Posing in a black-banded khaki-colored fedora as kitschy klezmer Muzak introduces his routine, Neil Lawner gestures loudly with outstretched arms and tells a joke about newlywed Luigi, who rode a train to Florida with his new bride Virginia, and tragically, mistook the station stop “Norfolk” for a prohibition in his marriage consummation.
Lawner’s routine, along with nearly 30 others, are part of a new collection posted on OldJewsTellingJokes.com, a Web site that features the stand-up routines of everyone’s favorite Jewish uncles, fathers and grandpas. The staged clips were the brainchild of 42-year-old Sam Hoffman of GreeneStreet Films, who got the idea after listening to over four decades of his father Barney’s joke routines.
At the time, Hoffman hadn’t planned to post the series online, but since the site’s Feb. 1 launch date, it has accrued 1.5 million hits, with nearly 1,700 fans on its corresponding Facebook page, he said. And just last week, video distributor First Run Features won the rights to produce the series in home video format.
“When we started this, there was a concern that it would only be interesting to old people, but that’s definitely not the case,” Hoffman said.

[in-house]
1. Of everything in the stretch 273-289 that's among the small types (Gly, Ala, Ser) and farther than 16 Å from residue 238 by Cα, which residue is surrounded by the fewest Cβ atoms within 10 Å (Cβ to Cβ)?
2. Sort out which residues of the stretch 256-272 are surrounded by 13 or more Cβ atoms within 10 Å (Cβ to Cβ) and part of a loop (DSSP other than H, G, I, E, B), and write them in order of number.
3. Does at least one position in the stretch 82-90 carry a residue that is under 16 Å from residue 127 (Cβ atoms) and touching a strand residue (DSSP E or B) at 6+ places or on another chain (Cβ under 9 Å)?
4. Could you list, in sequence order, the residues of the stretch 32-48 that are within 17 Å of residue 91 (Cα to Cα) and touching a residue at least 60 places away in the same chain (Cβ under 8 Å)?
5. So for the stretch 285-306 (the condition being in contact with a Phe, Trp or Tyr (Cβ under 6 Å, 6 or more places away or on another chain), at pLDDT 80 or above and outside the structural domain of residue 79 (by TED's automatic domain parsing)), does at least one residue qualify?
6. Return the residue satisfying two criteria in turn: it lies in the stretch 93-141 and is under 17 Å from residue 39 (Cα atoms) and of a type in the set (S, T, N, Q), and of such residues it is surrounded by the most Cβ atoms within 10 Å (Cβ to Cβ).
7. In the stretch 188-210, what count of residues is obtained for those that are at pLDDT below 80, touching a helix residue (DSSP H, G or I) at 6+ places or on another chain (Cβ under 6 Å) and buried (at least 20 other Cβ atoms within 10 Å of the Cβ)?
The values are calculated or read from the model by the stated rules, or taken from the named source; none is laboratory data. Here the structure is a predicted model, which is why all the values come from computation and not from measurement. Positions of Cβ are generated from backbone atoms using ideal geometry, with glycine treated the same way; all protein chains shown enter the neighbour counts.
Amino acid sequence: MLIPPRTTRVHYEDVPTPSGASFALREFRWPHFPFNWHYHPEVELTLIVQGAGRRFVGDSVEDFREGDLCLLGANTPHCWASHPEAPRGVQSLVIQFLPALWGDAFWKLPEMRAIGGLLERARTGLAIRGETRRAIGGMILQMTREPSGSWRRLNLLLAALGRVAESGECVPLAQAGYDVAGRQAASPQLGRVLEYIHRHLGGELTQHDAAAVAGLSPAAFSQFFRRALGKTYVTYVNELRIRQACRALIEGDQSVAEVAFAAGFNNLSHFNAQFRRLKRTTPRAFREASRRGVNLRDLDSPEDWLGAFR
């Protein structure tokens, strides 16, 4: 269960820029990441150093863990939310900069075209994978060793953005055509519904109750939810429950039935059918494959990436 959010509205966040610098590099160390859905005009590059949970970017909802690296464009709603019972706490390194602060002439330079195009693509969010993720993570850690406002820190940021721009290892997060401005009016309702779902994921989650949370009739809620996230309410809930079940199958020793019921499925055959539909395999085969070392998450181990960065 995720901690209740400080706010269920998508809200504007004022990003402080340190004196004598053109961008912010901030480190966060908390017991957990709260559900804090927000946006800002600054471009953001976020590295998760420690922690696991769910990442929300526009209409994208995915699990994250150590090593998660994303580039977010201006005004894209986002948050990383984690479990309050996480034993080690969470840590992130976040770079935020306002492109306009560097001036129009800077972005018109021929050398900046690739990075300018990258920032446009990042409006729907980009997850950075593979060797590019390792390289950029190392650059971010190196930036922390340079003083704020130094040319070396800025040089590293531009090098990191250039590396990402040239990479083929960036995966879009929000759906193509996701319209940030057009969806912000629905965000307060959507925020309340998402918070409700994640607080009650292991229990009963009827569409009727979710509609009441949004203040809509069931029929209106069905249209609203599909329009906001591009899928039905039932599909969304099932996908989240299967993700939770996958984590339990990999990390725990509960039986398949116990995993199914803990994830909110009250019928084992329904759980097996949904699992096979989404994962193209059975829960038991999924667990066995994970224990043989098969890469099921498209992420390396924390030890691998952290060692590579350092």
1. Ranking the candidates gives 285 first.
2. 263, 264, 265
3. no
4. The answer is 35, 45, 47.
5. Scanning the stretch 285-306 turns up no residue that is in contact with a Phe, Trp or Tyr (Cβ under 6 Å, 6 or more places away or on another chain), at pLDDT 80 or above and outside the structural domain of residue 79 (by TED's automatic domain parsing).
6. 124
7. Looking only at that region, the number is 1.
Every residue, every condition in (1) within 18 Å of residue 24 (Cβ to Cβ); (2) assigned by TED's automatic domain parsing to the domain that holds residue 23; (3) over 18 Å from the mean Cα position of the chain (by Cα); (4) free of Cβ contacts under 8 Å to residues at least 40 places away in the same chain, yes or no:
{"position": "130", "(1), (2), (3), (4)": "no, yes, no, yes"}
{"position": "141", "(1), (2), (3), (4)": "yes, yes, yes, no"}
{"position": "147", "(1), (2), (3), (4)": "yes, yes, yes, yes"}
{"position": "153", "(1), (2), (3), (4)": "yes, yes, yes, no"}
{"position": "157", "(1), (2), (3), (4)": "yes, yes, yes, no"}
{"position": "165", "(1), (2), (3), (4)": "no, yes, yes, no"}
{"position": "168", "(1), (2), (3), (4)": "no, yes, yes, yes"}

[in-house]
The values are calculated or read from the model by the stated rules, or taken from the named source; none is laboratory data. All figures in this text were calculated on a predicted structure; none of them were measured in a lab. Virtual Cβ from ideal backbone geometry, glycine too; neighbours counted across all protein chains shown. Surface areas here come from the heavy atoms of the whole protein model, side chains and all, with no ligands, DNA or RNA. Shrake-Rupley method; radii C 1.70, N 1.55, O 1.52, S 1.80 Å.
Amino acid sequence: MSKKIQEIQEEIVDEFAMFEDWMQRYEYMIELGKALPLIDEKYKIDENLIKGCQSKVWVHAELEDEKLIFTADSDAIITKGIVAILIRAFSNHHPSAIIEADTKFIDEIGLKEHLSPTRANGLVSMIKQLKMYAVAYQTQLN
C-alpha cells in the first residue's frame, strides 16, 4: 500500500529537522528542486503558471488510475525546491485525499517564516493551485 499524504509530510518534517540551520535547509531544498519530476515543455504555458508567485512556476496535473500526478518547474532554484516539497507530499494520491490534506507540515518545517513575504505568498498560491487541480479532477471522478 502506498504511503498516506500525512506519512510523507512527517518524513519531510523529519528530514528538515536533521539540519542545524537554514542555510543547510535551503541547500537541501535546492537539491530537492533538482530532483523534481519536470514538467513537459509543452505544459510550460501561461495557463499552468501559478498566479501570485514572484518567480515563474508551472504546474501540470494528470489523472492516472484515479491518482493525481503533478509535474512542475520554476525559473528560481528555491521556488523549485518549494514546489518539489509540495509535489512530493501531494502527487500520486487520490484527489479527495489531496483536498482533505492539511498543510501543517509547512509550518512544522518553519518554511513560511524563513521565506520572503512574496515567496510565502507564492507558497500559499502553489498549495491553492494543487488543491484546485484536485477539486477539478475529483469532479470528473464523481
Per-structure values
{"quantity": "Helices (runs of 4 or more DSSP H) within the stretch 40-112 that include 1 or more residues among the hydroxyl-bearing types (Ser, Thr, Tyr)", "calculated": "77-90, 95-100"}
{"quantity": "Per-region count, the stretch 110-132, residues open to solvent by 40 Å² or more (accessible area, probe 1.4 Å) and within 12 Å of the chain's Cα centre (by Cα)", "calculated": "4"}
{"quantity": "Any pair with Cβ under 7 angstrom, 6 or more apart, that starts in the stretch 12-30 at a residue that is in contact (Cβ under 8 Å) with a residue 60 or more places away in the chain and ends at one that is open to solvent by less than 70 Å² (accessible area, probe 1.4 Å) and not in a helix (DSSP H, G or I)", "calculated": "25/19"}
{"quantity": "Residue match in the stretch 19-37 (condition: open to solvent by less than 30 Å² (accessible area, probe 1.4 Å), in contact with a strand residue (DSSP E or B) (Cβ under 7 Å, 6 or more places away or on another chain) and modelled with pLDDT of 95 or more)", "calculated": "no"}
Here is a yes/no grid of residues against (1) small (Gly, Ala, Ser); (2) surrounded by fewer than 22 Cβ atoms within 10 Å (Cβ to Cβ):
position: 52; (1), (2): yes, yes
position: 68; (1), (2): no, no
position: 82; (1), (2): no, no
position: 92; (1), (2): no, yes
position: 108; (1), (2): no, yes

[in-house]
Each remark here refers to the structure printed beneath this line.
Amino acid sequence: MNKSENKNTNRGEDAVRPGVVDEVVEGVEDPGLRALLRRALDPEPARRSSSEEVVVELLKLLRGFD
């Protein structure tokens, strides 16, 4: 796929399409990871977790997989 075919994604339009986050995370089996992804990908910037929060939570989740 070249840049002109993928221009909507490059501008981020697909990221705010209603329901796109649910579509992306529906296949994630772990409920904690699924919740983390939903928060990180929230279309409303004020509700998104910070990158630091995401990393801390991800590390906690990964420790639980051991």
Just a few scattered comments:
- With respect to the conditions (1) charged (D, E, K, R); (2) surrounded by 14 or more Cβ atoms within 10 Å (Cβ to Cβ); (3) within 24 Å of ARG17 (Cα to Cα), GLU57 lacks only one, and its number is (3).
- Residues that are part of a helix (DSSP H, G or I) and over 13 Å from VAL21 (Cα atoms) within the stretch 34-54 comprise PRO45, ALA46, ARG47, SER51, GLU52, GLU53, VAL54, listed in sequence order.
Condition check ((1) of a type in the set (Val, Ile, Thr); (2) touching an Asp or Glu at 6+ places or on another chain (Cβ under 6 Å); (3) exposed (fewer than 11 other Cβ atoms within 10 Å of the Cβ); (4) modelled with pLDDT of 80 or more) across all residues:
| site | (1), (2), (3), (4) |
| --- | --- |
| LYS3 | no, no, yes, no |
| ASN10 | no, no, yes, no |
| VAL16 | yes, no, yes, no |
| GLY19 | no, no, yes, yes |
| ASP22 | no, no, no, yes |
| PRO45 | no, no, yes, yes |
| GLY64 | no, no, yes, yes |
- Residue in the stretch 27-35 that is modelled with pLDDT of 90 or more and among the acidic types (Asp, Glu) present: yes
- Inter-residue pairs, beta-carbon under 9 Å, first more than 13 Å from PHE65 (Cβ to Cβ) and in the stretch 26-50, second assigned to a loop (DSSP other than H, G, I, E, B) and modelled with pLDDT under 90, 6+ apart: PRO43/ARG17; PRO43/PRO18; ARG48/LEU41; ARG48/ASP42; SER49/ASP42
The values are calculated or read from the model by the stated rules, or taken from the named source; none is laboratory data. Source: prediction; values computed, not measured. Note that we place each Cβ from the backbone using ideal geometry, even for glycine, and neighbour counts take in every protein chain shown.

The first round of jokesters primarily included family friends and acquaintances, whom his father carefully hand-selected and invited to a storefront filming session in Highland Park, N.J., last summer.
“He took it really seriously,” Hoffman said, noting that all jokesters had to be above 60. “He wouldn’t let anybody who he didn’t think was funny tell a joke.”
And among those recruited was 67-year-old Neil Lawner, a retired orthodontist from Central Jersey who now teaches dentistry at New York University. He, along with the other cast members, said he had no idea how popular their stand-up routines would become and thought they would simply be receiving a personal DVD compilation at the event’s conclusion. Beyond some simple guidelines prohibiting racism and sexual preference jabs, there were few instructions — they were free to tell whatever jokes they pleased, according to Lawner.
“Of the 50 jokes that were told that night, I knew about 95 percent of those jokes,” Lawner said, noting that all of the performances were unrehearsed and spontaneous. “They were part of my repertoire.”
Only two of the comics thus far have been women, but Lawner attributes this to the fact that nearly all the jokes stemmed from what he calls the “Catskills generation.” Week after week, young 1960s and ‘70s-era Jewish families summered together in the Catskill Mountains, where they applauded jokes from the same stand-up comedians — nearly all of whom were male.
Since the site’s launch, the developers have been receiving an increasing number of e-mails from Jewish seniors interested in joining the already colorful cast, according to Eric Spiegelman, who designed the site with colleagues Hoffman and Tim Williams. In the West Village on Monday, the directors held a second casting, where they filmed more shticks of an older crowd — mostly 80- and 90-year-old Jews — and they also hope to attract more female joke tellers in the future.
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